Flashcards in Water and Movement Across the Membrane Deck (32):
What does amphipathic mean?
- A molecule containing an area of hydrophobic and of hydrophilic nature
How do water soluble molecules arrange themselves in solution?
- Water- water H bonding of the water is replaced by
- Water- solute bonding
What do water soluble molecules arrange themselves like this?
- Water-solute hydrogen bonding is more favourable
How do uncharged molecules arrange themselves in water?
In such a way that will bring the least amount of disruption to the water-water bonds
What are uncharged molecules said to form in solution?
What do phospholipids form to minimise water disruption?
What are buffers?
Solutions of weak acids that dissociate to form a conjugate acid-base
What 3 things aid diffusion?
- Large surface area
- High permeability
- High conc. gradient
What 3 properties do molecules need to have to diffuse across the membrane?
What 2 elements can cross the membrane easily?
Because they are small and uncharged (symmetry)
What two waste compounds can easily cross the membrane?
What are the 2 classes of membrane proteins?
4 types of integral proteins?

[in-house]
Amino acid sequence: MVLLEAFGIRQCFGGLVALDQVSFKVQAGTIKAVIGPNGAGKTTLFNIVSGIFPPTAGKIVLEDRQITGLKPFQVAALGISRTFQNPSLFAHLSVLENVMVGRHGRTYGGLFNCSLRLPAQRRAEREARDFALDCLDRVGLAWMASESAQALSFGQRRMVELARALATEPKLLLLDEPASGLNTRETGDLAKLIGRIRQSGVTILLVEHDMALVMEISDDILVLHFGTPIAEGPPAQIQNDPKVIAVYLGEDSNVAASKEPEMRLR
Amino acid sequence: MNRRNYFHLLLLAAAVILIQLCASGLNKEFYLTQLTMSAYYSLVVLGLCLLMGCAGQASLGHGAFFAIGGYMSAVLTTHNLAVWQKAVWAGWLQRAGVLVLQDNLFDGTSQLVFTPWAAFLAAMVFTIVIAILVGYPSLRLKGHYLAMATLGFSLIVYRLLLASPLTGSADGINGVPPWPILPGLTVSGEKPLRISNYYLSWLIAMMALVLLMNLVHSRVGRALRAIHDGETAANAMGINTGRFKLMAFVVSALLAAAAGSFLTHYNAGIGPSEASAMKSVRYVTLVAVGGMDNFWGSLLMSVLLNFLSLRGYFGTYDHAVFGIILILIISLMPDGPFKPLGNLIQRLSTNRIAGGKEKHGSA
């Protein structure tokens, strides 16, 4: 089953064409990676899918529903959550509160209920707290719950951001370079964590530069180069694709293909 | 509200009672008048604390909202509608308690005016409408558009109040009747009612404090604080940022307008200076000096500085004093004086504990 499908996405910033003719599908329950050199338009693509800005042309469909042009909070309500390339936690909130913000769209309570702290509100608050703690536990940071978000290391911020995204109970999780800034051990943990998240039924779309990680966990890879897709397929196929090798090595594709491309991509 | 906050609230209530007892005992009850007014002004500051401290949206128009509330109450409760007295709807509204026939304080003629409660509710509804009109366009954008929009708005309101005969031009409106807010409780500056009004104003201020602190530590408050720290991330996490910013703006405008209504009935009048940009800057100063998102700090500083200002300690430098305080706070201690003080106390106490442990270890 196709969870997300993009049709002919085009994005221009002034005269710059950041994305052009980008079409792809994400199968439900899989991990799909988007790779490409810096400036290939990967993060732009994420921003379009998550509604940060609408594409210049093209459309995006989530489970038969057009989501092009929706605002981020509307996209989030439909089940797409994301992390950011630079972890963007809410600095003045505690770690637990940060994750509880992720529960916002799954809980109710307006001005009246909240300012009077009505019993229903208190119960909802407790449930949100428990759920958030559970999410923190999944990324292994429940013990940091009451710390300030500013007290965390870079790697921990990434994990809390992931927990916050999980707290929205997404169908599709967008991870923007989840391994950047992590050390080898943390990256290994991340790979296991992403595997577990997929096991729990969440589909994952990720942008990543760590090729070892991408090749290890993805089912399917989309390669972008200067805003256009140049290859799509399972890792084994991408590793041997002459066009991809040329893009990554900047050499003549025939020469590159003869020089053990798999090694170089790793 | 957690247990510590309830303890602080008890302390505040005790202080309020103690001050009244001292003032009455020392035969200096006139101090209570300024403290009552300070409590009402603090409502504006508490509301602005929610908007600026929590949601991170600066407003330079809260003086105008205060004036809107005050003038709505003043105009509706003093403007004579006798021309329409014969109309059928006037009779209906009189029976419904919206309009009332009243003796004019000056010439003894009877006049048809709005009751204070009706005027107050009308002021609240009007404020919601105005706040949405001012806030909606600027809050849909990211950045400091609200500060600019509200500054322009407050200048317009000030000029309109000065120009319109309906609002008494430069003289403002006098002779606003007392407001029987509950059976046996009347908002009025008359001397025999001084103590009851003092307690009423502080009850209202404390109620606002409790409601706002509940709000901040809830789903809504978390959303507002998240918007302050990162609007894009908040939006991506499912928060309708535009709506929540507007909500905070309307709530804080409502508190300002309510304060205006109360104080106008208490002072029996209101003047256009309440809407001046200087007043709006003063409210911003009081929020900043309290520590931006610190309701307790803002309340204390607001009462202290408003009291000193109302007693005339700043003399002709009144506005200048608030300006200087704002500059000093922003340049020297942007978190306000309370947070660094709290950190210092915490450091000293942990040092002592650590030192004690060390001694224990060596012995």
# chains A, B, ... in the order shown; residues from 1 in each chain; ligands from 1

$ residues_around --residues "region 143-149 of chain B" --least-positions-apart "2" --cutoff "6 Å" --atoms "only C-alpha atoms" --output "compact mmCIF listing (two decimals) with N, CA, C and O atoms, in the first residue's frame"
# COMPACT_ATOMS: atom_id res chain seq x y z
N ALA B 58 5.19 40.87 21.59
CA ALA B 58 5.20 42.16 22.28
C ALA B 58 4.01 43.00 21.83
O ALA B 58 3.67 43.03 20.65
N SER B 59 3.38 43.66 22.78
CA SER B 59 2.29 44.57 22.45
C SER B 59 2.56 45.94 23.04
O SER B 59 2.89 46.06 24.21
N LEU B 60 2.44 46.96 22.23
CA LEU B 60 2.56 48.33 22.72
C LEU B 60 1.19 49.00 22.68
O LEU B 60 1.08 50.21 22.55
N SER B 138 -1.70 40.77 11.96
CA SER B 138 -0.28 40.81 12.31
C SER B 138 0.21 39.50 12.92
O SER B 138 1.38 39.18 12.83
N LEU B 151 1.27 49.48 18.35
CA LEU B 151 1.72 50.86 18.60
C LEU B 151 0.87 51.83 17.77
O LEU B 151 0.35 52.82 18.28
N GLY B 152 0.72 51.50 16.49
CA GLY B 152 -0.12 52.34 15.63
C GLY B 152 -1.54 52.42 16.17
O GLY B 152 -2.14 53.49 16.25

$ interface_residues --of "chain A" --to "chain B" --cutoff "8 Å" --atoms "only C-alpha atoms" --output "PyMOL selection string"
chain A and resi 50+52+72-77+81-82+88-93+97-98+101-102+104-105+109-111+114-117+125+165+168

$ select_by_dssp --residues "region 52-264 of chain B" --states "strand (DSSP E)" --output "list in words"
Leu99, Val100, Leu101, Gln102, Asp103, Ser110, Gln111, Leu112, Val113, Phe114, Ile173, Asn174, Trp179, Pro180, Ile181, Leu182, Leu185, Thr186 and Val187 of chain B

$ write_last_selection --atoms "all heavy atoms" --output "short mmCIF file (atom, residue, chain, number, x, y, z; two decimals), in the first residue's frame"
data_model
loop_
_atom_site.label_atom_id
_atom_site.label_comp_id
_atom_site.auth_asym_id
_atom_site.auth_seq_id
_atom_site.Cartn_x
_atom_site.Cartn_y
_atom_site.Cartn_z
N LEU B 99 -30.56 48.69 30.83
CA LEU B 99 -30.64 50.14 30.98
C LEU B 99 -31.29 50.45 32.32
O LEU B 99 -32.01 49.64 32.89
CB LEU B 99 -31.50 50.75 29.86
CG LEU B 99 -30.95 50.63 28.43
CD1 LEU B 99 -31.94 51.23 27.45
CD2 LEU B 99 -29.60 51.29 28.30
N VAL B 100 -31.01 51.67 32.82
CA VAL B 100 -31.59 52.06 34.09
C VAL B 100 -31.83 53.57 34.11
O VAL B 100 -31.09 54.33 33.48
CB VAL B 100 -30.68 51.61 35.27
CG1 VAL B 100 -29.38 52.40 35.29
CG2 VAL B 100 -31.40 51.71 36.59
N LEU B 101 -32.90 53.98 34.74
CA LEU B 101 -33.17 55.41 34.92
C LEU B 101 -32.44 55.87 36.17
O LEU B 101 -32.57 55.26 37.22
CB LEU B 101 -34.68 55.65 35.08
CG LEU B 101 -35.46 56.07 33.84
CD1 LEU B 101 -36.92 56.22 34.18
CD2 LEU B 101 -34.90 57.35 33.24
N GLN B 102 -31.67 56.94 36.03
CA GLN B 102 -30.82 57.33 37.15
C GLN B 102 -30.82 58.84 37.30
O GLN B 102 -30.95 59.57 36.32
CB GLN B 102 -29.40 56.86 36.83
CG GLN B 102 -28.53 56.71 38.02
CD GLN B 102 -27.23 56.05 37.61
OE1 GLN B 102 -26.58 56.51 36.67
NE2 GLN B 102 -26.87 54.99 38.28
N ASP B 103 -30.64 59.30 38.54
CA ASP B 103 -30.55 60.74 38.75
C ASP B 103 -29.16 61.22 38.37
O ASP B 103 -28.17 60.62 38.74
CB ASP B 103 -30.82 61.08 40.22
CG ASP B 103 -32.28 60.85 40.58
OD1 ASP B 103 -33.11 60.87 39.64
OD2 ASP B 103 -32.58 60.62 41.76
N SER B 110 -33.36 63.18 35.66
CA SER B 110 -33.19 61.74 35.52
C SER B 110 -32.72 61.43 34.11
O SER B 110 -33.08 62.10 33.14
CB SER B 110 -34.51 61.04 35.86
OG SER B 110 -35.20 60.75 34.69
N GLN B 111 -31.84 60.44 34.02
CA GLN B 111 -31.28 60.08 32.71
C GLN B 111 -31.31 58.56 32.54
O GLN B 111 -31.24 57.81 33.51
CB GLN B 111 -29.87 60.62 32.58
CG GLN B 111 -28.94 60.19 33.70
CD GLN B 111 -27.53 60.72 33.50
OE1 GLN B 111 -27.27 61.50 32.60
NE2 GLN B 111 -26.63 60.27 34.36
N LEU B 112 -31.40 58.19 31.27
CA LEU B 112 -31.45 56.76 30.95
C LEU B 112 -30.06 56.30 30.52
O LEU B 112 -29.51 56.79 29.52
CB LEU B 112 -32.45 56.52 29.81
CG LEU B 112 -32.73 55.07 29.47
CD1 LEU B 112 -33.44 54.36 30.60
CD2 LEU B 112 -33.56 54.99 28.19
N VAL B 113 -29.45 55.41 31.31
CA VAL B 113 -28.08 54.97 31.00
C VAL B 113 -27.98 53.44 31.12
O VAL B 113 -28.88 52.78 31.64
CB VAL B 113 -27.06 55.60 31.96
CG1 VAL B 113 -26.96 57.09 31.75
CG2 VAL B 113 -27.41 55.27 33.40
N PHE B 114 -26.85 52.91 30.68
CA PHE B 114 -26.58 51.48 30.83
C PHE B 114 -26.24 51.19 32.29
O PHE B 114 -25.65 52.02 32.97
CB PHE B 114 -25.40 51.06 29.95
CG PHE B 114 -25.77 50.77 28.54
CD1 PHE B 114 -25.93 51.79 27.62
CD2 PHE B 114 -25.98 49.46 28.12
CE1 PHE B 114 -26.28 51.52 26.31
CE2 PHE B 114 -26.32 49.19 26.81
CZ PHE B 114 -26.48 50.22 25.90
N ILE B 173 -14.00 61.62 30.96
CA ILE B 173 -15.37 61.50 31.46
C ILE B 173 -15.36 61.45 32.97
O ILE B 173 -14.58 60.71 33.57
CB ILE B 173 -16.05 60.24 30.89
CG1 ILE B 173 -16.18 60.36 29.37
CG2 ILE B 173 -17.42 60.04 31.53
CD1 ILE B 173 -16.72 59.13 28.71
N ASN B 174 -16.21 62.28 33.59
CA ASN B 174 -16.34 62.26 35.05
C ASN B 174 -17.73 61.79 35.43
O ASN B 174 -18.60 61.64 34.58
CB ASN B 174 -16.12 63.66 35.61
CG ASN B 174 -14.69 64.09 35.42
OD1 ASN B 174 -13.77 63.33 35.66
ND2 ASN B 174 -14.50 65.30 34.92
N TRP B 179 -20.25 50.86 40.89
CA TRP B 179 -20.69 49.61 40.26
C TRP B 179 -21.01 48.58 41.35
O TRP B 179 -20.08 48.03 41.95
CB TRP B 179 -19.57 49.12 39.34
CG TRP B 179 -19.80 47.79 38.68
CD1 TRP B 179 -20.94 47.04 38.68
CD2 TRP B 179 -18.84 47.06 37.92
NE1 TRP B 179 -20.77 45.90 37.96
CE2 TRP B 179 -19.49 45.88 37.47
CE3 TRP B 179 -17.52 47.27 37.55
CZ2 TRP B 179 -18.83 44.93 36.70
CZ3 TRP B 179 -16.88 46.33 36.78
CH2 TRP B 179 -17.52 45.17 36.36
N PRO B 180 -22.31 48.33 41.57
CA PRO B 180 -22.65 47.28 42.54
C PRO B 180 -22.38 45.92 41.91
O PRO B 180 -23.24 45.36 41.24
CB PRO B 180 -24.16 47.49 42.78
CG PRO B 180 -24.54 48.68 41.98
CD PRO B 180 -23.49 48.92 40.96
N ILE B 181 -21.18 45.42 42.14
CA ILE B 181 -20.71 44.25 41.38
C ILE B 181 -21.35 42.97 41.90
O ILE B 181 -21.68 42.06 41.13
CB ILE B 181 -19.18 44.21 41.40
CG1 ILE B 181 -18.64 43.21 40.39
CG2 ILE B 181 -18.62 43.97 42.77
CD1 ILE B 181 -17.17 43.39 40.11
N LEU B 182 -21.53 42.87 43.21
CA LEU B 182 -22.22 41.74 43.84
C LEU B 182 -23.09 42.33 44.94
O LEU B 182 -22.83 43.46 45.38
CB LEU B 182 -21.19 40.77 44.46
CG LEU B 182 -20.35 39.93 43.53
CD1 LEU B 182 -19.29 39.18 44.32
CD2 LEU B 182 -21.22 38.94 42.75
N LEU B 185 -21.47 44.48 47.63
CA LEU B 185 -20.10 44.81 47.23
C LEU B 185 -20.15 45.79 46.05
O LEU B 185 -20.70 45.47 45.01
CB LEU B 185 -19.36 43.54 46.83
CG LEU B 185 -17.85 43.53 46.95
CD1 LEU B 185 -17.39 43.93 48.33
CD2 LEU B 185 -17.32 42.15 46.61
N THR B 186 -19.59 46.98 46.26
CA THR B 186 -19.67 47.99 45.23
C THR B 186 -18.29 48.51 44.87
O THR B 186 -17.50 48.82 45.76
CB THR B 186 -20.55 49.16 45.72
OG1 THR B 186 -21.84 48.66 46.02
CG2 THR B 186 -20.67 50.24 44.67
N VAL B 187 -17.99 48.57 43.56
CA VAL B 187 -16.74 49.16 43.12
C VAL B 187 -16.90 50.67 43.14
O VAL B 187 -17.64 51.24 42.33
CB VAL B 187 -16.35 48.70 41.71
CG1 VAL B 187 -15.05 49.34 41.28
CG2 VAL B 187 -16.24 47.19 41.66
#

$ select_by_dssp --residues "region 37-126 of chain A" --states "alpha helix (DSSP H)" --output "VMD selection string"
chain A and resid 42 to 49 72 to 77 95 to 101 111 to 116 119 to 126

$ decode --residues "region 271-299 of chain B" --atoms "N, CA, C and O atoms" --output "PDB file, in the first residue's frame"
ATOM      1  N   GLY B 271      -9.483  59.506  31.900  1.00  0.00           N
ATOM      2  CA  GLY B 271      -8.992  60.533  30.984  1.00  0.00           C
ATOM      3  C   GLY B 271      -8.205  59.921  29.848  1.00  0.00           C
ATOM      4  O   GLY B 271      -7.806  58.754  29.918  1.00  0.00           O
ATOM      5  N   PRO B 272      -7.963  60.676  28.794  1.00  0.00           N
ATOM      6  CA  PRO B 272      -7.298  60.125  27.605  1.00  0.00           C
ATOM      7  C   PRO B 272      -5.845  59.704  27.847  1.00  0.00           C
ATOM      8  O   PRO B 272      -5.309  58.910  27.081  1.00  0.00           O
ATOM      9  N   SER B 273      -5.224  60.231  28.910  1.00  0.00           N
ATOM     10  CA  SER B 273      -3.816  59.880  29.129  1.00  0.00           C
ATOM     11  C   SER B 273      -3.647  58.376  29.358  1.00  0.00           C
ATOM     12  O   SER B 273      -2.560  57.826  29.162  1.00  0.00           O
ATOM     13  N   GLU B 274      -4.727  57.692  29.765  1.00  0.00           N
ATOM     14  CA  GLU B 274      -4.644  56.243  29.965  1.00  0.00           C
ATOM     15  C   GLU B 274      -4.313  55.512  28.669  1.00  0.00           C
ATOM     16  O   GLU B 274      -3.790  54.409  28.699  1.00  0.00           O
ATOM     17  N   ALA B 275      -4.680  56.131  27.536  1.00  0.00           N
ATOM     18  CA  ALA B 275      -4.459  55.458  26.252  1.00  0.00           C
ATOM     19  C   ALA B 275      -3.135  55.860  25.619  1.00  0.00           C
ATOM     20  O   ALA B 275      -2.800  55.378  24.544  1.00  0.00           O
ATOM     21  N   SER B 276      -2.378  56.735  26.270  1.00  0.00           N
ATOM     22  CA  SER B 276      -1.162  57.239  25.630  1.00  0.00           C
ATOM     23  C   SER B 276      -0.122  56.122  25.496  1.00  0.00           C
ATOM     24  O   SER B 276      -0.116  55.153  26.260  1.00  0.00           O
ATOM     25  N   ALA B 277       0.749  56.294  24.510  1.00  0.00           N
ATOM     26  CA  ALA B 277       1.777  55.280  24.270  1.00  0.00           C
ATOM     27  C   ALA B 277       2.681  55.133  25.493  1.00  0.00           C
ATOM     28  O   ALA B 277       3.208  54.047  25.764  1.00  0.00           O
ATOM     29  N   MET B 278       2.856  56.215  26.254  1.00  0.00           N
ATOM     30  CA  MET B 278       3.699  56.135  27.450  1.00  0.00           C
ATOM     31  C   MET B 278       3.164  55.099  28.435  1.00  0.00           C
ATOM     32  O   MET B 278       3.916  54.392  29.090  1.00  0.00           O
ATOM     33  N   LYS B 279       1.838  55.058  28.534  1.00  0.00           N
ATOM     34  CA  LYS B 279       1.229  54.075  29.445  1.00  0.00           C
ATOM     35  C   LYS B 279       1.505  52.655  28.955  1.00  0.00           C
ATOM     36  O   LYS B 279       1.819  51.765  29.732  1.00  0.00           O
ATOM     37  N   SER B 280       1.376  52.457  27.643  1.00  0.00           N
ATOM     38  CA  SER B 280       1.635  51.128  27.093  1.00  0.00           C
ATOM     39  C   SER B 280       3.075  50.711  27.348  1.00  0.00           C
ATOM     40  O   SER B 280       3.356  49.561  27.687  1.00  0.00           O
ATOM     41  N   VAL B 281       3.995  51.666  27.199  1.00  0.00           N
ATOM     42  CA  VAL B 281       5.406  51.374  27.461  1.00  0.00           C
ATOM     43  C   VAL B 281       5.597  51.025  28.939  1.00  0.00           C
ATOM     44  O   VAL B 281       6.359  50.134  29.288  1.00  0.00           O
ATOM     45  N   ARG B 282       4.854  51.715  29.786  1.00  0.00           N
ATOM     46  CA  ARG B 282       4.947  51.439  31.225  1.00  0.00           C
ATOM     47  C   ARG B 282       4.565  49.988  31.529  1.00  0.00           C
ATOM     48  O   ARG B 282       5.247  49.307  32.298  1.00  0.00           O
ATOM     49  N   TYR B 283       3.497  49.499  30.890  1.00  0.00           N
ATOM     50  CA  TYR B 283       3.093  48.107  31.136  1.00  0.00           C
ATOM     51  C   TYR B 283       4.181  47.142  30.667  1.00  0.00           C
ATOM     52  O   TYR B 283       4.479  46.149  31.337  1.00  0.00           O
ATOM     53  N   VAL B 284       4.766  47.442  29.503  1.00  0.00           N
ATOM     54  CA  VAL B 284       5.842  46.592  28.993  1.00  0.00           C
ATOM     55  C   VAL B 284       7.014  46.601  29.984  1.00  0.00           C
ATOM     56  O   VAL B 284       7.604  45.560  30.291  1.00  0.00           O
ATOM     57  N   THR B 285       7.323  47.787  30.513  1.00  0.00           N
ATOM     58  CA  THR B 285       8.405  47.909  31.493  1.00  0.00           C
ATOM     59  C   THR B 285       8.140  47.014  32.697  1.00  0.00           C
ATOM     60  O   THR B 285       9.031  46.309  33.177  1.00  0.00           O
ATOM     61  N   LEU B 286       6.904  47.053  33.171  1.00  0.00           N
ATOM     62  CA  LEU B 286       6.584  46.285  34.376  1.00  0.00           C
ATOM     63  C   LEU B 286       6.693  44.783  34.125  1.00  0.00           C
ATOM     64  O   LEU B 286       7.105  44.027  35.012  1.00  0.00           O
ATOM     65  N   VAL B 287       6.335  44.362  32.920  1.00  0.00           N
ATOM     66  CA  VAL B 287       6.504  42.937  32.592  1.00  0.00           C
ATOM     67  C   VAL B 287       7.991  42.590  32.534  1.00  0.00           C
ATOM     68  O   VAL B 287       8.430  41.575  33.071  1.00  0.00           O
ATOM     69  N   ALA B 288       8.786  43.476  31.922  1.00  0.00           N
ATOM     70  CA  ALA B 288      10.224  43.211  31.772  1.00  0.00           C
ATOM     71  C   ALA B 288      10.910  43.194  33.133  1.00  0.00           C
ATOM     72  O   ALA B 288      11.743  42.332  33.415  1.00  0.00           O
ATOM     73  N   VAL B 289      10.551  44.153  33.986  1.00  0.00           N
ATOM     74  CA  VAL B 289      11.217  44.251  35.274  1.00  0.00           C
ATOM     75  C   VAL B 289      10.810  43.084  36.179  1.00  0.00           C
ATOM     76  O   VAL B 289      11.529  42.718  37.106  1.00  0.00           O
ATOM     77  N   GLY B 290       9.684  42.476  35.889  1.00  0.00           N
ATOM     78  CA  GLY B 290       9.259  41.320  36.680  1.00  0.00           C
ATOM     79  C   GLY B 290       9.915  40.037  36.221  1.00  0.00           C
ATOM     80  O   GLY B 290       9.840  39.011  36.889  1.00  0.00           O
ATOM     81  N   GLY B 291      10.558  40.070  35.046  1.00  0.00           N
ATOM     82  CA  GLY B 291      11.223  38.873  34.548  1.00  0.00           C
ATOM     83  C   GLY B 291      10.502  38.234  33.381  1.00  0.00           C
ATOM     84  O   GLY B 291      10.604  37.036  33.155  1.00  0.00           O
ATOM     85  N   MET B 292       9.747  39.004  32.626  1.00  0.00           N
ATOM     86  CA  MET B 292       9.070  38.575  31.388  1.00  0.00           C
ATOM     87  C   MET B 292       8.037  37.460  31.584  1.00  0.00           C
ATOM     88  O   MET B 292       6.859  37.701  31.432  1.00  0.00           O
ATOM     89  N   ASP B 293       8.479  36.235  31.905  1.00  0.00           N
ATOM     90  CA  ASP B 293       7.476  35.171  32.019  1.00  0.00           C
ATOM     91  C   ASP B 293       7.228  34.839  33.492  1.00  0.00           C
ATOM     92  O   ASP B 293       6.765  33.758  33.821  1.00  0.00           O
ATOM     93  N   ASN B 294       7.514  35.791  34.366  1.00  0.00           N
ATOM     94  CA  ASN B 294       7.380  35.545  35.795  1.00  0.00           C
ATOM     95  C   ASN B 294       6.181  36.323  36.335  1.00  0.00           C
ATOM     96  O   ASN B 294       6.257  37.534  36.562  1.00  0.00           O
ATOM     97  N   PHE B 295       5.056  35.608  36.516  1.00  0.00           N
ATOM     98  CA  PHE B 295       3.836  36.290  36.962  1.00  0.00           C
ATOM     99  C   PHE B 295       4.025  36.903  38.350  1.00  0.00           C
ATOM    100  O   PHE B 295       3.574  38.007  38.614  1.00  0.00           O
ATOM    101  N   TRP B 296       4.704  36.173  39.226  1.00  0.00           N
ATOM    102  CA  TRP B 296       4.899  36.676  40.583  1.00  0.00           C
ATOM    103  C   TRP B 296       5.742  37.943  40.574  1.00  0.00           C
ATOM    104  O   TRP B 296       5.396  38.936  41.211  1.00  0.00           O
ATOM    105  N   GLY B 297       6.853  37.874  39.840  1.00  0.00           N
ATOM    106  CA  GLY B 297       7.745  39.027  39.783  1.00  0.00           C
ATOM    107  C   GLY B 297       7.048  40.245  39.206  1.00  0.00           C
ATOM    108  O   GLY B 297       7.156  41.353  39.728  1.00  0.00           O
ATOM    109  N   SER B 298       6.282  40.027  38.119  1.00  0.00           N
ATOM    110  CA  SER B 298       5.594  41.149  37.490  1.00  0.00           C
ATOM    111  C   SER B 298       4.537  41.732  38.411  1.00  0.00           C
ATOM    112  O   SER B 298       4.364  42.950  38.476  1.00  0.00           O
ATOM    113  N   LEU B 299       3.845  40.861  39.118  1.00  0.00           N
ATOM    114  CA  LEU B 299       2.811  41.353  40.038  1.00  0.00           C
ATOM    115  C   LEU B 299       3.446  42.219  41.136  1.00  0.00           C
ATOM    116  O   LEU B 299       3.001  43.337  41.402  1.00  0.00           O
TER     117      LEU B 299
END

What happens to the plasma membrane if integral proteins are removed?
It is disrupted
Relative "amphipathicness" of integral and peripheral proteins
Integral = amphipathic
Peripheral = not
Where are peripheral proteins found?
Inner side of the membrane
What do peripheral proteins tend to be?
What do peripheral proteins play a key role in?
Cell shape and motility
What is an example of a peripheral protein that is important for cell shape and motility (hint: the gene for its coding is lost in duchennes dystrophy)
Name two cells and their membrane protein percentage to show how different membranes can be
- Schwann cells (18%)
- Mitochondria (75%)
What protein does water use to enter/exit the cell?
What are the 2 types of gated channels
- Voltage gated
- Ligand gated
How does voltage changes cause voltage gated channels to open??
- It acts on charged regions of the protein
- Causes a conformational change
- Number of osmoles of solute per litre of solution
- Number of osmoles of solute per kg of solvent
Osmolarity of 1M of glucose?
Osmolarity of 1M of NaCl
What determines the tonicity?
Conc of non penetrating solutes on 2 sides of the membrane
What happens if the ECF has a higher tonicity than the ICF?
- Cell is hypotonic
- Cell will swell as water enter
What happens if the ECF has a lower tonicity than the ICF?
- Cell is hypertonic
- Cell will shrink as water leaves
What is an isosmotic solution?
Equal number of both penetration and non penetrating solutes on either side of the membrane